Mattis in Oman to meet with Sultan Qaboos

US Defense Secretary Jim Mattis, right, shakes hands with Omani Brig. Saleh bin Ahmed Al-Hinai, Head of the Oman Military Protocols and Public Relations, at Seeb Air Base, northwest of Muscat, Oman. (Photo: Oman News Agency via AP)
Updated 11 March 2018
0

Mattis in Oman to meet with Sultan Qaboos

MUSCAT: US Defense Secretary Jim Mattis arrived in Oman on Sunday ahead of a meeting with Sultan Qaboos to discuss ongoing security concerns, including the situation in neighboring Yemen.
Mattis’s visit, his first as Pentagon chief, comes amid regional strains over the Yemen conflict and a diplomatic rift between Qatar and a bloc of countries led by Saudi Arabia.
“The unity of the (Gulf Cooperation Council) has been strained, to put it mildly, so I am also wanting to hear what the sultan says can be done about that, as well as the situation on his border in Yemen with the various factions that are fighting there and certainly the civil war,” Mattis told reporters accompanying him on the trip.
“The Gulf’s cohesion is critical we believe to maintaining stability in the region.”
Under Qaboos, Oman has maintained good ties with countries outside the six-country Gulf Cooperation Council (GCC) bloc to which it belongs, including neighboring Yemen.
In March 2015, the sultanate was the only GCC country not to join the Saudi-led coalition air war on Iran-backed rebels in Yemen, but also maintained solid relations with Riyadh.
Muscat hosted talks with Yemeni rebels toward resolving the war, as well as discussions between Iran and Western powers that led to a landmark July 2015 deal to curb the Islamic republic’s nuclear program.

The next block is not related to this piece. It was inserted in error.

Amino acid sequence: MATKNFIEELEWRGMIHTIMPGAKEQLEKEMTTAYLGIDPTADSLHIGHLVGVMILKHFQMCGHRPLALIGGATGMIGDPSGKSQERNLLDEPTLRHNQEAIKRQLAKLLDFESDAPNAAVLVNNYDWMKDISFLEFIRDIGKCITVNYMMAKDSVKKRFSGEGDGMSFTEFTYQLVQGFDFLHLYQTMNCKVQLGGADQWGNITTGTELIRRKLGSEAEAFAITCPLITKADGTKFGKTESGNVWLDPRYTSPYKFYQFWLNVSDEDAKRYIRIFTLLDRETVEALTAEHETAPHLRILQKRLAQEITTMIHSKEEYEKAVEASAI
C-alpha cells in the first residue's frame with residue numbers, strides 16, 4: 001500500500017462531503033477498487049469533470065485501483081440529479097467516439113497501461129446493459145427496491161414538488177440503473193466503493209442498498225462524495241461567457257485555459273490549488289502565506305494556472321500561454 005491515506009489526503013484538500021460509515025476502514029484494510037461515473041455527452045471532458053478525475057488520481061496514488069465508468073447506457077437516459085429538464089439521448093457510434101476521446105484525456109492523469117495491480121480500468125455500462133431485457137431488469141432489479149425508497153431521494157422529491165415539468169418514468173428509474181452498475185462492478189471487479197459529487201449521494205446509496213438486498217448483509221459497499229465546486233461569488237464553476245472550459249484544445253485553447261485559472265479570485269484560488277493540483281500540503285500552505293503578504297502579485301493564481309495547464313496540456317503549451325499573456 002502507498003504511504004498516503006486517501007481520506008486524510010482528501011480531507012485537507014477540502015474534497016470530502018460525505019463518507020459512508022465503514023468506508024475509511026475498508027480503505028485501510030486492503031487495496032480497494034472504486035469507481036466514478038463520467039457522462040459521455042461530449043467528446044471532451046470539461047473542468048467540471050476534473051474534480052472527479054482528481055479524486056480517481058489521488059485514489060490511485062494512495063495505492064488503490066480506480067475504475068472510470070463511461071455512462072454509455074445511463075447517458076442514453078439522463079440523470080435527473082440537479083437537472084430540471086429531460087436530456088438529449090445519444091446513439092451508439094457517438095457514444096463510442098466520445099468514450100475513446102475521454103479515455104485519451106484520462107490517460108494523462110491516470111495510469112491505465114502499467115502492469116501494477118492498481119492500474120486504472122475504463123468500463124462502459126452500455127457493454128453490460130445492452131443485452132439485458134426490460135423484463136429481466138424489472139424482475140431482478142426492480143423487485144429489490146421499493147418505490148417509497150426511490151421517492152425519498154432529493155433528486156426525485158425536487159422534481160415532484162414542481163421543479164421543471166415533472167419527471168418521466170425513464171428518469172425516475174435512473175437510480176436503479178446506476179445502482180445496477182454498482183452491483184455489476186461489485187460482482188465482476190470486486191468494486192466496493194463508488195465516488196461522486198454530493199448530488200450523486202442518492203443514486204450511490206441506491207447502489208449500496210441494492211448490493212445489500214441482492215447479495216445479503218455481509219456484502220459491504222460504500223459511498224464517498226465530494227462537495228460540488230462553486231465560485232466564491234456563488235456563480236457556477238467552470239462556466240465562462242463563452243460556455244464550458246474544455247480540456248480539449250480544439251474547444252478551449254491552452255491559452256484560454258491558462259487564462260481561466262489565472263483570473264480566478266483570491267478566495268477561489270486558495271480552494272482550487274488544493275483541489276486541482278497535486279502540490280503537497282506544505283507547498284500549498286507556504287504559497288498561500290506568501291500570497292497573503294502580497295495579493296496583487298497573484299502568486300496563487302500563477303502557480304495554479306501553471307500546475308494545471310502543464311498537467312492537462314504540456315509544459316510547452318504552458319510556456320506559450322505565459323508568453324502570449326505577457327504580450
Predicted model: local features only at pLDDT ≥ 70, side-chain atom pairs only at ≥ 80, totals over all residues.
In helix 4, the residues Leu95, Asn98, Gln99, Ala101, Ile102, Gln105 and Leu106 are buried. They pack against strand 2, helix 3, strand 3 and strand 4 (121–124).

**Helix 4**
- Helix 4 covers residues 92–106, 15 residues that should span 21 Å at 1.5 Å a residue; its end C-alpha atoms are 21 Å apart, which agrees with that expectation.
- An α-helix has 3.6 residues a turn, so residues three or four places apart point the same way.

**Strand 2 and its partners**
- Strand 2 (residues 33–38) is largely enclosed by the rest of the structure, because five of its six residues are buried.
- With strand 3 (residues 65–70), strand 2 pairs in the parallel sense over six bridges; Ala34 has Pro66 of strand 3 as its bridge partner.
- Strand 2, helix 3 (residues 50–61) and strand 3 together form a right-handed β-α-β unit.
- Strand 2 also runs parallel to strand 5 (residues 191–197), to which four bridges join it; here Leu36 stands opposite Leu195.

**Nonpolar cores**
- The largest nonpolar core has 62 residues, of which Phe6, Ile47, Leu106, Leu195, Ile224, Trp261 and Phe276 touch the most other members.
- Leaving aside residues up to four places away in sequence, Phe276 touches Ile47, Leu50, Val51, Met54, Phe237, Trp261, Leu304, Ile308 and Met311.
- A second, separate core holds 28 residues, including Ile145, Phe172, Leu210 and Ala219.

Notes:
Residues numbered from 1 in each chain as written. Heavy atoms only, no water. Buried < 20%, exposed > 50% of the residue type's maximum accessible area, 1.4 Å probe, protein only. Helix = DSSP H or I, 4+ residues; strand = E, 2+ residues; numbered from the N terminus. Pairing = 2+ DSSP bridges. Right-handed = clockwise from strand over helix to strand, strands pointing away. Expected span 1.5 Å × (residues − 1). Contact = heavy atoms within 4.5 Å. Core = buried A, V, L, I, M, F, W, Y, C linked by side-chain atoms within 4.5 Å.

Mattis is also slated to meet with Oman’s defense minister Monday and other senior Omani officials.


US approves $3.8 billion F-16 sale to Morocco

Updated 24 min 31 sec ago
0

US approves $3.8 billion F-16 sale to Morocco

WASHINGTON: he United States on Monday approved the sale of 25 F-16 fighter aircraft to Morocco for $3.8 billion, the State Department announced.
Besides the new Block 70/72 F-16s, equipped with state of the art electronic systems and weaponry, Washington also approved the modernization of 23 F-16s already in the Moroccan air force fleet, for $983 million.
The State Department said the sale would not affect the balance of forces in the region.
It can still be blocked by the US Congress, which has 30 days to raise any objections.
More than 4,500 of the Lockheed Martin-built F-16s have been delivered since 1978.
It is gradually being replaced by the stealth F-35 fighters but more than 3,000 of F-16s are still in use in 25 countries, thanks to constant upgrades.
The Moroccan military ordered 24 F-16s in 2008. It lost one aircraft in action in 2015 during Saudi-led air operations in Yemen.